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Bowen, K. D., & Gillingham, J. C. (2004). R9 species conservation assessment for wood turtle – glyptemys insculpta (leconte, 1830) Milwaukee, Wisconsin: Eastern Region of the Forest Service Threatened and Endangered Species Program. 
Added by: Sarina Wunderlich (06 Jul 2014 16:10:32 UTC)
Resource type: Report/Documentation
BibTeX citation key: Bowen2004b
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Categories: General
Keywords: Batagur baska, Geoemydidae, Habitat - habitat, Hardella thurjii, Nordamerika - North America, Pangshura smithii, Pangshura tentoria, Schildkröten - turtles + tortoises
Creators: Bowen, Gillingham
Publisher: Eastern Region of the Forest Service Threatened and Endangered Species Program (Milwaukee, Wisconsin)
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Views index: 20%
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Abstract     
The Wood turtle (Glyptemys insculpta) is designated as a Regional Forester Sensitive Species on the Chequamegon-Nicolet, Green Mountain, Huron-Manistee, Ottawa, Superior, and White Mountain National Forests in the Eastern Region of the Forest Service. The species occurrence is documented but not designated as sensitive on the Allegheny and Hiawatha National Forests. The purpose of this document is to provide the background information necessary to prepare Conservation Approaches and a Conservation Strategy that will include management actions to conserve the species. Wood turtles are medium-sized turtles that inhabit clear, hard-bottomed creeks, streams, and rivers. They prefer forested areas over nonforested, although small openings in the streamside canopy are essential for nesting and feeding. Wood turtles are omnivorous, are aquatic in spring and fall, and are mostly terrestrial in summer. They are dormant and aquatic in winter. Males establish linear dominance hierarchies but are not territorial. Late maturity, low fecundity, high adult survival rates, and low egg and juvenile survival rates characterize Wood turtles. Nesting occurs once a year, usually in June, and clutch size ranges from 3 to 20 eggs. Sandy, exposed, elevated soil with a southerly aspect near the river or stream is a prerequisite for nesting. Wood turtles are known or suspected to occur in all of the National Forests covered in this report, but to date formal surveys and studies have taken place only in the Huron-Manistee and Hiawatha National Forests. Element occurrences have also been documented in several other National Forests. Potential threats include damming, streambank stabilization, and intensive timber harvesting activities within 300 m of inhabited wetlands. Streambank stabilization may impact populations if affected areas are used for nesting. While Wood turtles appear to prefer woodlands with mixtures of closed and open canopy and forest edges, complete removal of forest and underbrush on a broad scale is likely to be harmful. Other threats are predation of nests, hatchlings, and adults, removal of adults from populations by humans, and human recreation. There do not appear to be any major research programs involving the Wood turtle in Region 9 at this time. Several National Forests have implemented management guidelines for the Wood turtle, generally focused on protection of nesting habitat. Surveys for Wood turtles should be done in Spring or Fall (before most vegetation emerges) or should concentrate on potential nesting areas during the June nesting season. Research priorities are locating and determining the status of populations, and implementing monitoring programs where feasible. The Wood turtle is in decline throughout its range, and recovery likely depends upon a commitment to education, habitat protection, law enforcement, and predator control.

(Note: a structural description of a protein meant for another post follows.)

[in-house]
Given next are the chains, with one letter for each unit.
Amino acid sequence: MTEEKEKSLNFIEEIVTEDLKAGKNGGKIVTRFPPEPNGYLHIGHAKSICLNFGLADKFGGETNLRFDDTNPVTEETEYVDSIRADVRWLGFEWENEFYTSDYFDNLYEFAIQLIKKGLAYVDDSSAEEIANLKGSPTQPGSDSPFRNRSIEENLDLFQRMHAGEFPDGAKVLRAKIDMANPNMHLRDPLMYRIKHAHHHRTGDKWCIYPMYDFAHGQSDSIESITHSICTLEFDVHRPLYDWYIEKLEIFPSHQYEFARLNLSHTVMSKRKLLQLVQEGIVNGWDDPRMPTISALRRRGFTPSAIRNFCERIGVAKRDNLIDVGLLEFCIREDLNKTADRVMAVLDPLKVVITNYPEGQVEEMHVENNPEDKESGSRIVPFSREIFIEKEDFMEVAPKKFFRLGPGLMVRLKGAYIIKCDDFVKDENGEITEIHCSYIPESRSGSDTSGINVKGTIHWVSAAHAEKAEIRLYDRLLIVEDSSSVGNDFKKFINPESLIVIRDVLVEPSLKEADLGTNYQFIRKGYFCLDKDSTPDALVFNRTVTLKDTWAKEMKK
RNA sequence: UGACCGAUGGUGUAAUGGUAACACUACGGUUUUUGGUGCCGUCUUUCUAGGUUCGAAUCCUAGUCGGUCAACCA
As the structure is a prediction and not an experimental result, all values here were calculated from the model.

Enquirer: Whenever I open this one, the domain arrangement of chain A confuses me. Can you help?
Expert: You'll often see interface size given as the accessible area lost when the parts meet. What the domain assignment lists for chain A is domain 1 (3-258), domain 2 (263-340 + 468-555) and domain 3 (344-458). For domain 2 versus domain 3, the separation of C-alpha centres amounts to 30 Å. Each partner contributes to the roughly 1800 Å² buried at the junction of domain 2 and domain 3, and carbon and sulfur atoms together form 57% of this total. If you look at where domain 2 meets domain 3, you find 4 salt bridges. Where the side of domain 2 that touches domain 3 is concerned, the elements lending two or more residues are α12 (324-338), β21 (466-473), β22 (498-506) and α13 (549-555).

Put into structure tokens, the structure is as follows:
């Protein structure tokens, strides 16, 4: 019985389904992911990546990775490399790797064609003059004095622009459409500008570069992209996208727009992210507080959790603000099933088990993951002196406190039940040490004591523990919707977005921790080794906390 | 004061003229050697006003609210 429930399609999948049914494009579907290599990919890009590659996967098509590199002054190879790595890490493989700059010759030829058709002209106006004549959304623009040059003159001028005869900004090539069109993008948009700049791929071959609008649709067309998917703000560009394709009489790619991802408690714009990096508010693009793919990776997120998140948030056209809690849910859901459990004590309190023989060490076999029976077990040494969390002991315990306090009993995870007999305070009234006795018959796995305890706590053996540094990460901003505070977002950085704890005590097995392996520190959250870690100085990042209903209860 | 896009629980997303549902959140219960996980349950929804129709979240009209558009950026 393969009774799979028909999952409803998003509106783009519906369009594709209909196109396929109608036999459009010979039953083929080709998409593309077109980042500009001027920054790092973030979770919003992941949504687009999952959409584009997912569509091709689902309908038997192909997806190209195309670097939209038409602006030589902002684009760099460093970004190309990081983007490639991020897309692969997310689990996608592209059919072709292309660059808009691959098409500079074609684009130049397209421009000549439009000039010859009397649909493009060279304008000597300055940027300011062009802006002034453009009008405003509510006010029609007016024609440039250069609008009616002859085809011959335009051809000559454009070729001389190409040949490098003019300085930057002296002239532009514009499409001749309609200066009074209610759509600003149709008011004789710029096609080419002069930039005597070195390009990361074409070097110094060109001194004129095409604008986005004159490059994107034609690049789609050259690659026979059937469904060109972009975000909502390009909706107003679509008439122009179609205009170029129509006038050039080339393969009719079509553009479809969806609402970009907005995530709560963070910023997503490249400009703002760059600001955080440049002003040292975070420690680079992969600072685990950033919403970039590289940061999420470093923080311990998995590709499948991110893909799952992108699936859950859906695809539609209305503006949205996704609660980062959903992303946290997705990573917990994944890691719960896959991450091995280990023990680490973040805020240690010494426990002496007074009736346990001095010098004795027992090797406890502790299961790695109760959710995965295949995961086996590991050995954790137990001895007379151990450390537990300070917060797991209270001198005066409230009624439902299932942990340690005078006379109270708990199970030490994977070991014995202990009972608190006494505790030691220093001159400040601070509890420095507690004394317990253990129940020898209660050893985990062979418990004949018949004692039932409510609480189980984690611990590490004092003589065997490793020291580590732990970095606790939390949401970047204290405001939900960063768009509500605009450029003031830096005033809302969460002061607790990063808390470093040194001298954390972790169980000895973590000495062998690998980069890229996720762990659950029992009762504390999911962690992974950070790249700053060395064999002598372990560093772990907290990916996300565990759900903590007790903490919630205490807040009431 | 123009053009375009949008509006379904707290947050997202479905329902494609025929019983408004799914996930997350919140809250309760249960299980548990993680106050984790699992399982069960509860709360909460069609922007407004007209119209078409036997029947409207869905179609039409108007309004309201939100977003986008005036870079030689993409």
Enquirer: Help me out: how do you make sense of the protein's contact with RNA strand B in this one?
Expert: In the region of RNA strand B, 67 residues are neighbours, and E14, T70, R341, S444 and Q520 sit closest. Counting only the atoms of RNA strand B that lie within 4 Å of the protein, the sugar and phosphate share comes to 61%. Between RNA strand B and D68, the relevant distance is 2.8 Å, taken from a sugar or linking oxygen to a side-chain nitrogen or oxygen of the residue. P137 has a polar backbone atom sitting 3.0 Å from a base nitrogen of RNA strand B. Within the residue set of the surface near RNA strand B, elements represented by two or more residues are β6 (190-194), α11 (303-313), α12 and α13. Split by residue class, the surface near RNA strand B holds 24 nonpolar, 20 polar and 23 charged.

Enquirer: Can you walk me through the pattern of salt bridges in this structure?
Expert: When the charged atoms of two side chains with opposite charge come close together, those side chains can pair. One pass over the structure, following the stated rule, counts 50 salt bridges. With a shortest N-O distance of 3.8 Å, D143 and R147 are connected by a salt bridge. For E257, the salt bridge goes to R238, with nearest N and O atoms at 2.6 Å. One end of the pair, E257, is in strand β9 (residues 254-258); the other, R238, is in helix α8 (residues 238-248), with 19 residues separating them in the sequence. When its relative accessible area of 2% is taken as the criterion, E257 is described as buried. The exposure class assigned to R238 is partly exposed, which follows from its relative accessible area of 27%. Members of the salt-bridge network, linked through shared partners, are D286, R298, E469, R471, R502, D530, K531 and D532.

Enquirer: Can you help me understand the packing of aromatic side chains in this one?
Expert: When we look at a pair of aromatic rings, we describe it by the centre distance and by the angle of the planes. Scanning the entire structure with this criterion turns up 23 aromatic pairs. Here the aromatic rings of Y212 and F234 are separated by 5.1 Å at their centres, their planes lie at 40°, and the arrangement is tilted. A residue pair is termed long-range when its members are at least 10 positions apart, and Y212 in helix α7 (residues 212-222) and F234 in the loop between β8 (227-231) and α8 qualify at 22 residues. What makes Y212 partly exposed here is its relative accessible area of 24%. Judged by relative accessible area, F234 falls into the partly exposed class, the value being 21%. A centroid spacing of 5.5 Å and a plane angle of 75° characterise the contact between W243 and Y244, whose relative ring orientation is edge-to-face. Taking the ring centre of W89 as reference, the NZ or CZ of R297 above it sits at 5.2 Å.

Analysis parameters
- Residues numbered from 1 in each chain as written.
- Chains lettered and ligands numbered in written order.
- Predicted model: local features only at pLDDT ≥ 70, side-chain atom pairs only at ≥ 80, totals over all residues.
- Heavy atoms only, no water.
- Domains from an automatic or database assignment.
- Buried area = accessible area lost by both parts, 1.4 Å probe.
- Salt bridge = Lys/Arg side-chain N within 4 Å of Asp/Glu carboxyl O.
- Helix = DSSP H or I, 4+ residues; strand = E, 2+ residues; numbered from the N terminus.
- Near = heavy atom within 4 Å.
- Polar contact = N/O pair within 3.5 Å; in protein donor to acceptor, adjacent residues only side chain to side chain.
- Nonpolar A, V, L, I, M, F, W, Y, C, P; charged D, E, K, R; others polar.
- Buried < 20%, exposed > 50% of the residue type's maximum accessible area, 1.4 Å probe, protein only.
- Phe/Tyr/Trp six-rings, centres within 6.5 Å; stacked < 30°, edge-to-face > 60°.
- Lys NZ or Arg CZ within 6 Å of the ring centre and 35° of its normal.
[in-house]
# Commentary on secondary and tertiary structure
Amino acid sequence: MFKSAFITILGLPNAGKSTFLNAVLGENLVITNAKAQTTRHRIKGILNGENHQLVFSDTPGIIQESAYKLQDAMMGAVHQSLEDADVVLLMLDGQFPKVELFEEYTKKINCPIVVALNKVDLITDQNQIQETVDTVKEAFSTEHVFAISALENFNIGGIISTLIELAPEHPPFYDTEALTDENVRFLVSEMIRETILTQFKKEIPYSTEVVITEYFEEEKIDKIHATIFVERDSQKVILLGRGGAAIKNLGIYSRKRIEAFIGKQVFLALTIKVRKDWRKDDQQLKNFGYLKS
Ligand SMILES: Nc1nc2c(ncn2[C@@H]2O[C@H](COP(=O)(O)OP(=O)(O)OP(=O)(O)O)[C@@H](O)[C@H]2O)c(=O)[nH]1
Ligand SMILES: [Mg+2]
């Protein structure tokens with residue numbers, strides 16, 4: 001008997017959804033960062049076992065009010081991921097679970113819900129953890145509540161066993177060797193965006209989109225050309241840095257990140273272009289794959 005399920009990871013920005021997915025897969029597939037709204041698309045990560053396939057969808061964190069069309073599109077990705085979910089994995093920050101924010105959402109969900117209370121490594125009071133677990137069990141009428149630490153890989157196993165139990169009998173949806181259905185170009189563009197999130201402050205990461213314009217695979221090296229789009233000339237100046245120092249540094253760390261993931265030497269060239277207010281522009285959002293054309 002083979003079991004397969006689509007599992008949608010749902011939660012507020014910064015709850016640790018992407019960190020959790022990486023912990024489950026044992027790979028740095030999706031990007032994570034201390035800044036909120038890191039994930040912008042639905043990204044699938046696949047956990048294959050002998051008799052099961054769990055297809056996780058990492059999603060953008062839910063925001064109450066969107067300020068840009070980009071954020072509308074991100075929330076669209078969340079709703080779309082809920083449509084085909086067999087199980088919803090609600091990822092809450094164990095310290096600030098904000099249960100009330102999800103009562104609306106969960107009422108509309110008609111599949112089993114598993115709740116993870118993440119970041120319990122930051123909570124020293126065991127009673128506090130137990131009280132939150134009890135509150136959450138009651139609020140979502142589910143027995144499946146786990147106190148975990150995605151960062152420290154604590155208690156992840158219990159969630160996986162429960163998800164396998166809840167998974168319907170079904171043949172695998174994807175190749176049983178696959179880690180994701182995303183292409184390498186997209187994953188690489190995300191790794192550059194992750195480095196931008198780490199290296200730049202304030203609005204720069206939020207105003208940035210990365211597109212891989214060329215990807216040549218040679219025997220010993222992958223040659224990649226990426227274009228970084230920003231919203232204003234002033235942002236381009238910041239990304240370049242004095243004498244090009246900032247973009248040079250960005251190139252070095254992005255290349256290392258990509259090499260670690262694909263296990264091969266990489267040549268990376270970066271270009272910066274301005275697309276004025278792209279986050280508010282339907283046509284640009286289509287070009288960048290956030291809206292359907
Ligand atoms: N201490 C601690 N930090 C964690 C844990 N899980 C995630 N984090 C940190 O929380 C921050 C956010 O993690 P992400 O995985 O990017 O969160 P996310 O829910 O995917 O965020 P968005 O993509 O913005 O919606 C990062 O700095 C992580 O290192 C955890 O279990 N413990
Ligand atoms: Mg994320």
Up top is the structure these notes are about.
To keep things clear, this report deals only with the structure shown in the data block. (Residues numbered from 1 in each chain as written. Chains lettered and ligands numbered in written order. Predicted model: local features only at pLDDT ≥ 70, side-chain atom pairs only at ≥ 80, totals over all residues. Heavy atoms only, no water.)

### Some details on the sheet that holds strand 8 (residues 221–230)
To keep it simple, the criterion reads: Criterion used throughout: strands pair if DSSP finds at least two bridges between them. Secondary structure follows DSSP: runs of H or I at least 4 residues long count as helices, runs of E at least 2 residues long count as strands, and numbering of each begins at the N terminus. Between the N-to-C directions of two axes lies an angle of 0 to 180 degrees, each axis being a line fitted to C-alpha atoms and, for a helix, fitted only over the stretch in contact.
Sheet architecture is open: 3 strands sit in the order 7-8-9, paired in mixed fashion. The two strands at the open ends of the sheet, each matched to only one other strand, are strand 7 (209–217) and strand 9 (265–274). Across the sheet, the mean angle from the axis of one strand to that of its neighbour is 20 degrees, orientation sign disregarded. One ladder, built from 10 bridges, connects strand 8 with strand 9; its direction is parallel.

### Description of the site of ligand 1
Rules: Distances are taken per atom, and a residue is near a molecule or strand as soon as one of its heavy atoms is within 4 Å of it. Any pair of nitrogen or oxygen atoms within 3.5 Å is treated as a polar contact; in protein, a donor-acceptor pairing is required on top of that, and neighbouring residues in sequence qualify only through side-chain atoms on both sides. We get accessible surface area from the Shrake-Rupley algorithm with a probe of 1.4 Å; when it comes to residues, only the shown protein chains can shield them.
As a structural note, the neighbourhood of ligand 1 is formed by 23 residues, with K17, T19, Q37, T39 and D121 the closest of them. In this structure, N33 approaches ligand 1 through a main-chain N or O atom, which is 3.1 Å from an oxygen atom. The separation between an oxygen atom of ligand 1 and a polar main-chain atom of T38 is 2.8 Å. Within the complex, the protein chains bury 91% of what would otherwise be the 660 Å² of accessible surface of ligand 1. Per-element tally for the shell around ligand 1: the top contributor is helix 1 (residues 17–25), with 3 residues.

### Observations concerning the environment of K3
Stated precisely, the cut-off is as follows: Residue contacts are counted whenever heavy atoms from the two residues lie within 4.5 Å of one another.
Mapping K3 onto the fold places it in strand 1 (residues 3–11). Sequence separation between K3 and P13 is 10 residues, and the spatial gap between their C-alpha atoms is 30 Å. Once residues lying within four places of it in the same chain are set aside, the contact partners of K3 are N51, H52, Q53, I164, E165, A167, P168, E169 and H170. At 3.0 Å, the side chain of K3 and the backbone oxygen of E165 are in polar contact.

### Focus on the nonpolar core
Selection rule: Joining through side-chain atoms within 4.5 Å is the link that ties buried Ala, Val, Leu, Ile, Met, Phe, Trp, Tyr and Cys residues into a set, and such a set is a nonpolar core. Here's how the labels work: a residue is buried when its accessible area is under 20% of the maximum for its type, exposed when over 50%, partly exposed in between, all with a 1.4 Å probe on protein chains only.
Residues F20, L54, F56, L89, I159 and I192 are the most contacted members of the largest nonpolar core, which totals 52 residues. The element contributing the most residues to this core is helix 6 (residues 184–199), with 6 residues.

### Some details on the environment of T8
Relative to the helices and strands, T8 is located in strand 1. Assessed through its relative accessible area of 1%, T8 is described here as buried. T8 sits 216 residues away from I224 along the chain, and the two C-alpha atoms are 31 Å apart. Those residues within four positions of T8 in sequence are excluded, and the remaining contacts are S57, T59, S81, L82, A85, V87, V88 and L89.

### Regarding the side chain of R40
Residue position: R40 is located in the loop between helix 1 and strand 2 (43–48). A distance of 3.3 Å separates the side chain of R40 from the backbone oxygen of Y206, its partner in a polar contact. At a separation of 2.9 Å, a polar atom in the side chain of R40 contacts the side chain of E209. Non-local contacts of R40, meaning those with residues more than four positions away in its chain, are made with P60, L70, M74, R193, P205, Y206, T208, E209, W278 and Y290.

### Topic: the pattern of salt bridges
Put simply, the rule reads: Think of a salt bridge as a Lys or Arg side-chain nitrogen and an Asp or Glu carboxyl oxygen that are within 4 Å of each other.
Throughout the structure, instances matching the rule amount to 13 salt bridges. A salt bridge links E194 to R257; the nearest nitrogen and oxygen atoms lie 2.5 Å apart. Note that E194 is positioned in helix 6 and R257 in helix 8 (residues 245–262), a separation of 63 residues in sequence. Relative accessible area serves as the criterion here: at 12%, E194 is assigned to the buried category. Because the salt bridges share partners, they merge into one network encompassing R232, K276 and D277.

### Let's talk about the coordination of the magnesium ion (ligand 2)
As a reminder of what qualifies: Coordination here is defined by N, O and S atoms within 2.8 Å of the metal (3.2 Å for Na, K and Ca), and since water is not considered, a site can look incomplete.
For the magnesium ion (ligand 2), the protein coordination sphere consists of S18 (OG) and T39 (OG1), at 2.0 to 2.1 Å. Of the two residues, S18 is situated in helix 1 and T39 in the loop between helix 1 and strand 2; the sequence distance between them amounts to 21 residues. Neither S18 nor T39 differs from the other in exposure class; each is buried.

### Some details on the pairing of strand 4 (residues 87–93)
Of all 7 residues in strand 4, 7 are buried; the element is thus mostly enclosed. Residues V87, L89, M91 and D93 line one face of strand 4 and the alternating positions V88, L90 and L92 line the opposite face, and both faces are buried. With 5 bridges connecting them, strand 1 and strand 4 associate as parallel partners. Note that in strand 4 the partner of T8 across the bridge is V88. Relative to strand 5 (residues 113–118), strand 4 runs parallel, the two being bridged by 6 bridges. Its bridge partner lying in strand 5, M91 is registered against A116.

Added by: Sarina Wunderlich  
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